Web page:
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Author Topic: Cheap way into astrophotography for beginners  (Read 1291 times)

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Offline mechanoid

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Cheap way into astrophotography for beginners
« on: 18:43:40, 10 March, 2016 »
I was wondering how a beginner might get tracking images without any serious expenditure.  Perhaps it may encourage more people to take that step beyond star trails.

So I came up with this as a first thought.  The tracking mounts can be obtained for about a £1. OK, its a mains 24 hour timer. I epoxied on a couple of plastic knurled discs with the standard UNC thread, and made a two axis gimbal out of some parts from a defunct action camera.

Its not ideal to hang a DSLR on this, so I used my Canon Powershot.  iPhone maybe ?  I know the bearings (if you could call them that) are lousy, but they may be good enough for a minute or two.  Registax could used to combine the subs, 'cos its free.

I only managed 10 x 15 sec subs on Orion.  Annoyingly Canon stopped allowing remote control of this model, and 15 secs was the maximum exposure possible, which rather defeated the objective of testing the tracking. So next time I'll have to try the DSLR.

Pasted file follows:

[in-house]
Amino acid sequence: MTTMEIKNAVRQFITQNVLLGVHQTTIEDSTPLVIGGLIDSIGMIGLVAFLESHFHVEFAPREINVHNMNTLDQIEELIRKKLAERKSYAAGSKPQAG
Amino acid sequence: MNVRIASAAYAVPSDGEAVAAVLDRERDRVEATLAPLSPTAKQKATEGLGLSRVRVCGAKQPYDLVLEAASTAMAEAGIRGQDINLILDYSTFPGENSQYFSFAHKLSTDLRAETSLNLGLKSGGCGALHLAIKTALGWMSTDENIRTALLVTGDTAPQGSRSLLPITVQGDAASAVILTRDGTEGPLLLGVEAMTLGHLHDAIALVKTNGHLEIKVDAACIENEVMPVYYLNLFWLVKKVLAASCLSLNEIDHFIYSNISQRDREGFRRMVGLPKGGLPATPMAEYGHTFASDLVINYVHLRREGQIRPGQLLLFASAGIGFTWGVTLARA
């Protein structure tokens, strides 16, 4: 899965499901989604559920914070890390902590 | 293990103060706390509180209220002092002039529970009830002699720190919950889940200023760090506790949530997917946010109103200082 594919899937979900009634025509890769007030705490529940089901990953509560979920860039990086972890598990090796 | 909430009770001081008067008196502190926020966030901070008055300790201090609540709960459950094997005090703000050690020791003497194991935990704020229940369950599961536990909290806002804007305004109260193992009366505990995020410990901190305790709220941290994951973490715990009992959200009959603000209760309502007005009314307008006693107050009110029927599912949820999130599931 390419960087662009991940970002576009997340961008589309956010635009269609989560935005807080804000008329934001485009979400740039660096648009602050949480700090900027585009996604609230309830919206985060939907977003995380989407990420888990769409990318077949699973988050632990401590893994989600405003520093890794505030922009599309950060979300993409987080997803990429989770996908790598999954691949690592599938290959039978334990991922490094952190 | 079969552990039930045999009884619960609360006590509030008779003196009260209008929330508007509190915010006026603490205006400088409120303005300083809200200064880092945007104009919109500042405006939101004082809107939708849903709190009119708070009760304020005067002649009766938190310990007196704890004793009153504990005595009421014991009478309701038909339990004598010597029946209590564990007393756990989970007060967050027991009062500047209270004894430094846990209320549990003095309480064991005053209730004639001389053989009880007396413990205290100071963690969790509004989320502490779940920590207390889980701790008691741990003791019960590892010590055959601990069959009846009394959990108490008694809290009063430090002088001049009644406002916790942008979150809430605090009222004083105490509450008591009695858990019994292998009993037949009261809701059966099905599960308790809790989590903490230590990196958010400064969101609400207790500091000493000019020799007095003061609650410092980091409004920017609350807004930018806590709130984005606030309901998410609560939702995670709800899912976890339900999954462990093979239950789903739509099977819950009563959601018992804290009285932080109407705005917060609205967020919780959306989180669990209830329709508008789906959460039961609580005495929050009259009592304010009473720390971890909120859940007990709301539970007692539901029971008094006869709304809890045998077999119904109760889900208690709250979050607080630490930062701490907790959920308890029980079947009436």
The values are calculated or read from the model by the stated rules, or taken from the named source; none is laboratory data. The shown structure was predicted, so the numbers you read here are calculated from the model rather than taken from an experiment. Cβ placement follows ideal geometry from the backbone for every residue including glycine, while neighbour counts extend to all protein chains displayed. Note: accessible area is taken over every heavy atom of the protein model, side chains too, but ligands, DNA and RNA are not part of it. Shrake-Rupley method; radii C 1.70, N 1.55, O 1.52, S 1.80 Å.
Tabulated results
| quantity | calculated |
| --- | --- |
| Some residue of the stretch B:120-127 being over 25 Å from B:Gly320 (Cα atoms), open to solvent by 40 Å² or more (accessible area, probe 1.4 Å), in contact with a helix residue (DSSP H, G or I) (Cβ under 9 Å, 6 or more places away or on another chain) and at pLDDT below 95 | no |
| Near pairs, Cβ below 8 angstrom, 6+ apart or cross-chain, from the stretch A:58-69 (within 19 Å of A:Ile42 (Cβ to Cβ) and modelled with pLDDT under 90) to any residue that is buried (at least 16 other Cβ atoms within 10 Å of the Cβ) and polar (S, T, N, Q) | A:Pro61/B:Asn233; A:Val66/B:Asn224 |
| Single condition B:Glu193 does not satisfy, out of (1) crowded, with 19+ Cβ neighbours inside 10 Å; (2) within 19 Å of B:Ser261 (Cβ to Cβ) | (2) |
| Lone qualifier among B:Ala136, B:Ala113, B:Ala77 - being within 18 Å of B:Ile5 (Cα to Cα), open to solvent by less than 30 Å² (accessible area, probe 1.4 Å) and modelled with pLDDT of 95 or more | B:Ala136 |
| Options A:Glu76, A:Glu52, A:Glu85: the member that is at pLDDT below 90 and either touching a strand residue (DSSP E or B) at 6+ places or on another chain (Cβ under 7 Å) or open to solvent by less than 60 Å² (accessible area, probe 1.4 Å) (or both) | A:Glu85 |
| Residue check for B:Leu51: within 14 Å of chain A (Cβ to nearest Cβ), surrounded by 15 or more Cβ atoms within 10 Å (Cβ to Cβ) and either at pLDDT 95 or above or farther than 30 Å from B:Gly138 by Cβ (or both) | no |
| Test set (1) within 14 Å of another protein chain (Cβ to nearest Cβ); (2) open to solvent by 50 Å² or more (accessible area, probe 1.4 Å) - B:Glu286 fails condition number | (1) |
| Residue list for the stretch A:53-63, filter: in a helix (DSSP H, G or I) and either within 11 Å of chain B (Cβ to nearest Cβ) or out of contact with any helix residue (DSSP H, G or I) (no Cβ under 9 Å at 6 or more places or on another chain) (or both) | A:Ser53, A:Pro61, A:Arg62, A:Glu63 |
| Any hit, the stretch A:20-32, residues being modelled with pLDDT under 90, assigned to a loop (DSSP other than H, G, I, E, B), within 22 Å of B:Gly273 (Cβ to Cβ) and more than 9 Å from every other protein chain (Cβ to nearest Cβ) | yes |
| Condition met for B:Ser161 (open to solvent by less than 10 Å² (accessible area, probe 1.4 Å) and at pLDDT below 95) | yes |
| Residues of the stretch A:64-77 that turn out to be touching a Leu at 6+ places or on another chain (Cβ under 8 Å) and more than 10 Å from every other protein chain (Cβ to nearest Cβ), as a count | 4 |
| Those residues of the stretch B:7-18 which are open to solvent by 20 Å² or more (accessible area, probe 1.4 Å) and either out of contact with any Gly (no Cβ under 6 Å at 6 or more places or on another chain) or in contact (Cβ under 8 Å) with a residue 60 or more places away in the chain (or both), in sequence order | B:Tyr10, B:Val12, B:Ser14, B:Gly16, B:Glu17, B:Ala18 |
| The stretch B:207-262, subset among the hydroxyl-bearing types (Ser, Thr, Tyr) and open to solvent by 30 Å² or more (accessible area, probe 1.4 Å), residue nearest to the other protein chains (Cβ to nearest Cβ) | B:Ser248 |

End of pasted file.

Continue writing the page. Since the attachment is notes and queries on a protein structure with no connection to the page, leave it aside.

I'm not sure that the result is any better than a short static exposure, but if the clouds ever part I'll experiment some more.  The glow is because I was in too much of a hurry to bother to turn the outside light off.
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Offline Einari

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Re: Cheap way into astrophotography for beginners
« Reply #1 on: 18:59:45, 10 March, 2016 »
Interesting solution.
Have you checked if you can use CHDK in your Powershot ?
That enables you to use longer subs.
Tapio

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Offline jhughe22

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Re: Cheap way into astrophotography for beginners
« Reply #2 on: 19:08:16, 10 March, 2016 »
I would be wary of using 240v mains in damp conditions :scare:.  If this is a viable solution for you I would ensure all mains connections are sealed against water ingress :ugly:.
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Offline tomhow

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Re: Cheap way into astrophotography for beginners
« Reply #3 on: 19:20:00, 10 March, 2016 »
That is an utterly brilliant bit of inspired lateral thinking!

I hope it takes you a step down the astrophotography path.

Yes, there is a massive safety issue, but still, superb idea!
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Online chris.bailey

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Re: Cheap way into astrophotography for beginners
« Reply #4 on: 19:29:13, 10 March, 2016 »
I'm of the school whereby Health and Safety should not stifle inspiration and this fits right on in. Rubber gloves and stout shoes, what could possible go wrong?
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Offline swashy

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Re: Cheap way into astrophotography for beginners